Thursday, June 03, 2010

The Eighties Matchbox B-Line Disaster/ Bad For Lazurus / Black Fangs @ The Hare and Hounds, Wednesday 2nd June 2010

Imagine having the top of your head lopped off, your brains scooped out with one of those ice cream scoops, placed carefully on the floor, battered with a series of blunt objects, then carefully put back in your skull again...that’s pretty much what tonight’s gig was like.

I’ve been meaning to catch Black Fangs for ages. Rising from the ashes of The Indigos (who I really rated) the band once again features lead vocalist Ian’s (or Baron Von Fang as he now prefers to be known) throaty roar set against pounding, sometimes tribalistic, drums to create classic, high octane rock n’roll with enough raw energy to power a hot rod. Sabbath-y riffs clash angrily with a garage rock feel (Black Garage perhaps?) to produce the sort of sound that makes good girls turn bad and bad might be reading this. From ‘I’m a Crow’s’ menacing swagger through to the heads down 100mph danceathon groove of ‘Vampire Boogie’ Black Fangs delivered. The wait was worth it.

Combining rockabilly, R&B Bad For Lazarus sound an odd proposition on paper. Funnily enough they’re a pretty odd proposition in reality too. Introduced by a dude who got our attention by bashing the side of his head in with the mic Bad for Lazarus didn’t so much hit the stage as destroy it. It’s difficult to judge how many people are in the band, given the flailing limbs and all the thrashing about...I’d guess anything between 5 and 68. My sight was partially obscured by an eyeful of warm lager too, kindly gobbed out into the crowd by one of their guitarists...hell, I’m sure it’s good for the skin. Pick of the set, and current release (or should that be escape?) ‘Old Rats On A New Ship’s’ bar room boogie rattled along at decent pace, other tracks (you want names, god, wrong gig for that) were blasted out like sonic 12 bore. After the lead singer flung himself (literally) into the crowd the lager gobbing guitarist climbed the speaker stack and cracked off a few cheeky riffs before descending, striding to the front of the stage, then swinging his guitar over his head like a lasso, coming within two or three nanometres of the audiences craniums. Eventually he either released it or something gave way and it crashed to the floor emitting painful yelps of feedback. Bad For Lazarus...good for music.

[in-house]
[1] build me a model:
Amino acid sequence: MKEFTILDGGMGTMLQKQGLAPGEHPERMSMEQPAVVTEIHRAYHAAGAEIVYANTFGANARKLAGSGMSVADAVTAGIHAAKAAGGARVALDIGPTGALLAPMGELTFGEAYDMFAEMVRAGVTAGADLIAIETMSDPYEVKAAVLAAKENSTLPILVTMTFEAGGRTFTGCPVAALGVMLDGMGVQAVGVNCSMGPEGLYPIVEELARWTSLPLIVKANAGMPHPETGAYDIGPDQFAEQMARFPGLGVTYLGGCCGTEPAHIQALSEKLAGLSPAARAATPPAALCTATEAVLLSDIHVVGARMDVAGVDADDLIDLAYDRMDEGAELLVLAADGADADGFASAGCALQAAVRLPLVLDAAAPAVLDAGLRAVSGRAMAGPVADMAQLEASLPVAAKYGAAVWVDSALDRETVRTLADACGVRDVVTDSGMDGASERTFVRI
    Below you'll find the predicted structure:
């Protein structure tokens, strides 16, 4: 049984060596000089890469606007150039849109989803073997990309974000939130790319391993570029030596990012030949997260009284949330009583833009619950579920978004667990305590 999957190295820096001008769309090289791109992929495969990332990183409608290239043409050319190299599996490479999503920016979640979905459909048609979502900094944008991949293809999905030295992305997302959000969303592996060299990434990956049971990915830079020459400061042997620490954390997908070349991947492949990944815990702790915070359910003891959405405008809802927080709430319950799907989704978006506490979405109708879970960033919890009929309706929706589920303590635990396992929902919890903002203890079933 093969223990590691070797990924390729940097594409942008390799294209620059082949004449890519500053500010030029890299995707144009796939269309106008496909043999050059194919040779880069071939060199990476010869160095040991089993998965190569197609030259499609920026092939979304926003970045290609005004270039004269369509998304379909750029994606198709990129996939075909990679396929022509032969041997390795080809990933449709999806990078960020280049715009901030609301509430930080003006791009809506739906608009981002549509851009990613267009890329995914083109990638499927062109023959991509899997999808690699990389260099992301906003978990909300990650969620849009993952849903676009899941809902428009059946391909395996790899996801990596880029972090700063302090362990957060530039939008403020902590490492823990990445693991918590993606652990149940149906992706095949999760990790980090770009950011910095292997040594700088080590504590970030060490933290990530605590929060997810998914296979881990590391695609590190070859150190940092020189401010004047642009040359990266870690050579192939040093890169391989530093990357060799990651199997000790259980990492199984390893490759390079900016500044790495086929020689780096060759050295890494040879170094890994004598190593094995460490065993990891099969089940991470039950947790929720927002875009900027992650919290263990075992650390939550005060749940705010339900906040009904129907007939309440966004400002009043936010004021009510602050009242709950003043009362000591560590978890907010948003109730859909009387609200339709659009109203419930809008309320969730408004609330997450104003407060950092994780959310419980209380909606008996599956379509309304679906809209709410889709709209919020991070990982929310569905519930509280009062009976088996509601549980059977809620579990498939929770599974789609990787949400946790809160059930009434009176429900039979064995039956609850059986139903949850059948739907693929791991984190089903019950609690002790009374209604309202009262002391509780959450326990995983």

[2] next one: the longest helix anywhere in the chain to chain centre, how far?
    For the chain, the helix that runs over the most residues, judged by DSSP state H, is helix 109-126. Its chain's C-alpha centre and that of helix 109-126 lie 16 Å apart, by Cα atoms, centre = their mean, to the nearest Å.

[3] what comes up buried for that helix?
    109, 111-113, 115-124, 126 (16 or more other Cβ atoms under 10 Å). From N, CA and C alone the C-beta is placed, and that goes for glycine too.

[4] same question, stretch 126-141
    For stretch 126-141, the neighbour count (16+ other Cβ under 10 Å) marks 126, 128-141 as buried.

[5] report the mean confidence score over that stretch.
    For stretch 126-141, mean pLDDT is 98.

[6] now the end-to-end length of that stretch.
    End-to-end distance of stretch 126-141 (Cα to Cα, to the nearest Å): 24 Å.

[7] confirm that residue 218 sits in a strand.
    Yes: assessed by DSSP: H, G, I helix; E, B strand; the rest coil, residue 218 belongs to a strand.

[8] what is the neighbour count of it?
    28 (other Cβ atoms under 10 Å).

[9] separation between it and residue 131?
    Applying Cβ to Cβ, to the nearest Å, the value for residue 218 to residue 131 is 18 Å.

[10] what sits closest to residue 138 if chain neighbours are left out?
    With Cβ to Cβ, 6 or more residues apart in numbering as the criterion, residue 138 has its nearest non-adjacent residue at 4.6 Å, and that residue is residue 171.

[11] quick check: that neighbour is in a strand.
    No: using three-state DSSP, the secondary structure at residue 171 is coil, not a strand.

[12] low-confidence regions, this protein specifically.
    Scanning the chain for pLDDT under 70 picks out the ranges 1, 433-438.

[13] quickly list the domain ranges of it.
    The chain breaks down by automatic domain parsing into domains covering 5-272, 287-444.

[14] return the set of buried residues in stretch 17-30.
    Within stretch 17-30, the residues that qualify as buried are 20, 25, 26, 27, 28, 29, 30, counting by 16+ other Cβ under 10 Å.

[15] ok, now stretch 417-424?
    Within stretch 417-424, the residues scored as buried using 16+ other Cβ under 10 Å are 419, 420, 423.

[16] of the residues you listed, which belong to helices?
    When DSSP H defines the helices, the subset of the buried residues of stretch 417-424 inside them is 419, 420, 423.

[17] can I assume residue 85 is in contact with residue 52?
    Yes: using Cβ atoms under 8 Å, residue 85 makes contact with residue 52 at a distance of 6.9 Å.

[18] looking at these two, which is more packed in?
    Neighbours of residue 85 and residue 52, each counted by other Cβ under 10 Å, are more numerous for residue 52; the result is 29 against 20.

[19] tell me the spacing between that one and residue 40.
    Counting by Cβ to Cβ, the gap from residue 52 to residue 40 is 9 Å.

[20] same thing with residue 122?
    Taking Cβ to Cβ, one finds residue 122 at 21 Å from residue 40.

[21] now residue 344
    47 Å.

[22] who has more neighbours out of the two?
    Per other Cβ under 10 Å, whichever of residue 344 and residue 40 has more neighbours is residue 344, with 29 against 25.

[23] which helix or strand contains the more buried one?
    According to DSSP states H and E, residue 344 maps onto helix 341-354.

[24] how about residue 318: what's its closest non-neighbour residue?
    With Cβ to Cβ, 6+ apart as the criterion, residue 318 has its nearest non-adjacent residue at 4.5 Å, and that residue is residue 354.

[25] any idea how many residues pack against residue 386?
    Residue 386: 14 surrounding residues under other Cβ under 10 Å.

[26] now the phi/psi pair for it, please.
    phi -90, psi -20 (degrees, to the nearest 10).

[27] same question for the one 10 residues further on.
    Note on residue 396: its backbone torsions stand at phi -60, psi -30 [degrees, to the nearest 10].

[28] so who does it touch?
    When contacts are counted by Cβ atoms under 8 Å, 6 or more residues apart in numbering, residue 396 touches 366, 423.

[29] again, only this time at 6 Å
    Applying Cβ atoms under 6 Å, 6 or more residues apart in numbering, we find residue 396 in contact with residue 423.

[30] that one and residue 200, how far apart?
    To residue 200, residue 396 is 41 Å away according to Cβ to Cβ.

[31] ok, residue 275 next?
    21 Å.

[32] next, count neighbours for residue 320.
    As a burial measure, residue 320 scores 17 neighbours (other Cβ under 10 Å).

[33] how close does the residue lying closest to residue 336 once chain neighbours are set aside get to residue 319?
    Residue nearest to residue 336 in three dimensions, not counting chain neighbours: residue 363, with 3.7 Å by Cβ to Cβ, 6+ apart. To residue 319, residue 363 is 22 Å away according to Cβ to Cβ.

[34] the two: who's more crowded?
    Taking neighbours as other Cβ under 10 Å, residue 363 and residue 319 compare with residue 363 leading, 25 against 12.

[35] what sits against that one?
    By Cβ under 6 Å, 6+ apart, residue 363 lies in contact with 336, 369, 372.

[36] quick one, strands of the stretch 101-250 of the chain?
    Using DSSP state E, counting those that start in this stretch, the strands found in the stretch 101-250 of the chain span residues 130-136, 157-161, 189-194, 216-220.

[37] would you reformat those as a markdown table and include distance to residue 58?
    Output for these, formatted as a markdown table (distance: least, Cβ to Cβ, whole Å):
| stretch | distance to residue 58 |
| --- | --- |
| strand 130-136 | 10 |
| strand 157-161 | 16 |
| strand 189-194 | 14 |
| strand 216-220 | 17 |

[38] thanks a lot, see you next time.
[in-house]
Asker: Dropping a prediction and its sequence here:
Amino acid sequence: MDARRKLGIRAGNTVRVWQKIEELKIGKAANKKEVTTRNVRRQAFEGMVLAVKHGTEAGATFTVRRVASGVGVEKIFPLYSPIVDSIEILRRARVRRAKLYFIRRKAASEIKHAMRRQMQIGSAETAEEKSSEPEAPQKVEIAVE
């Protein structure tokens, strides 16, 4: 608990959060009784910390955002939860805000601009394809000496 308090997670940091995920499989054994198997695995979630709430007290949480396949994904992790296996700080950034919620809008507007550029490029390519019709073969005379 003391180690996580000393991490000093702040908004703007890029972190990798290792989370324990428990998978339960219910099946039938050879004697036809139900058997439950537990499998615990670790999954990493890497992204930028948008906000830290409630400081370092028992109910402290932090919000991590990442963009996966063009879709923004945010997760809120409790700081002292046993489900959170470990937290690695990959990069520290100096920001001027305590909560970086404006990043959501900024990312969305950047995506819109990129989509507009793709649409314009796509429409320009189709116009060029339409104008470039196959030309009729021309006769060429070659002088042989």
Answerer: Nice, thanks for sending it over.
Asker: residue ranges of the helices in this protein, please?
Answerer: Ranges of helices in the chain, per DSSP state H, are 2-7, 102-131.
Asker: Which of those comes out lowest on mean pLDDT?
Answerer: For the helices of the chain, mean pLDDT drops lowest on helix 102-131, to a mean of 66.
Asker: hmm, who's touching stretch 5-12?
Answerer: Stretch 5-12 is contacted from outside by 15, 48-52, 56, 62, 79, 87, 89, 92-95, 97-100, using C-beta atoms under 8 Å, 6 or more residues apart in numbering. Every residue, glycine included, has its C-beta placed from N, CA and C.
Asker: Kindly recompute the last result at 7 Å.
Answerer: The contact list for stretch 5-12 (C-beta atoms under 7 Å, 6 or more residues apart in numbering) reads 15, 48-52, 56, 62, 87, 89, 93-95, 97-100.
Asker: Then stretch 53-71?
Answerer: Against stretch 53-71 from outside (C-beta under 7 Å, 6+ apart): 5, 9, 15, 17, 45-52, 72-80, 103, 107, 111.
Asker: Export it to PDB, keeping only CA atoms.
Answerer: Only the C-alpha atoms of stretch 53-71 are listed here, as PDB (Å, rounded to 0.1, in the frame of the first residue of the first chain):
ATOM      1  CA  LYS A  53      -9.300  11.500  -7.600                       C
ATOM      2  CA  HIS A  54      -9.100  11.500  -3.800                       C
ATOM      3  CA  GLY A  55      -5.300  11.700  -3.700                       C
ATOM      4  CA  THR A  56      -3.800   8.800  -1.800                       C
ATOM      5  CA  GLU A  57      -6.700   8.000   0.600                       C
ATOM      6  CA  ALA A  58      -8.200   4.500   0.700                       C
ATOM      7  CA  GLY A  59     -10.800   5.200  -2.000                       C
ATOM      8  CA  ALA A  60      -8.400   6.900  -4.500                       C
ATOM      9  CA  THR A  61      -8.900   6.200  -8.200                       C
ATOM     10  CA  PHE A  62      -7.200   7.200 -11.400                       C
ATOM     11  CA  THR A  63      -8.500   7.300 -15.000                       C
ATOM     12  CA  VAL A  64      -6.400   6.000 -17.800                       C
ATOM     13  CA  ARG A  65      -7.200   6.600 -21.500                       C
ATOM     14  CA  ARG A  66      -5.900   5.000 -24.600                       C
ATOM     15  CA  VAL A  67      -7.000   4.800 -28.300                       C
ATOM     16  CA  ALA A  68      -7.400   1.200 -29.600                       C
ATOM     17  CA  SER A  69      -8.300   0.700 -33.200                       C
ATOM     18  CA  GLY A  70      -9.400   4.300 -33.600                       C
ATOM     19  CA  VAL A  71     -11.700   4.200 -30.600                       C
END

Finally Buddhist garage gothabilly nut jobs (and I mean that in the nicest possible way) The Eighties Matchbox B-Line Disaster. The last time I saw this lot I unwisely took part in some fairly (for me anyway) energetic moshing that resulted in a bruise the size of small town on my leg. It’s hard to resist getting stuck in though, especially when their Shaun of the Dead featured track ‘Mister Mental’ gets going. Whilst they’ve lost one of their number to Nine Inch Nails (the band that is, he’s not had a nasty accident at B&Q) they’ve not lost their frenetic energy and, once more, a small but dedicated part of the crowd swiftly became a mass of sweaty bodies all intent on mashing seven flavours of shit out of each other. Guy began the set by kicking a small collection of drinks that a few people had unwisely rested on the front of the stage “They shouldn’t be on there” he muttered as shards of glass hit the deck. That was pretty much the only thing he said all night, content instead to yell his way through the set like a demented preacher. That, by the way, is a very good thing kids. ‘Mister Mental’, ‘In the Garden’, ‘Psychosis Safari’ kept coming with a Cramp-tastic fury, Guy launching himself into and through the crowd like an explorer hacking his way through the jungle. At other times he did that ‘thousand yard stare’ of his, looking for all the world like someone who’s waiting for a bus, which makes the sudden vocal explosions all the more effective. At one point one of the moshers limped off out of the room. I saw him as I left, a broken man. The Eighties Matchbox B-Line Disaster can do that to you, I have the scars to prove it. They may not have got the fame and fortune that some had predicted or, arguably that they deserve, but the story ain’t over yet. With a new album ready to (rock and) roll, and a grim determination to keep spreading the word you’d be...ahem...Mister Mental to write them off.

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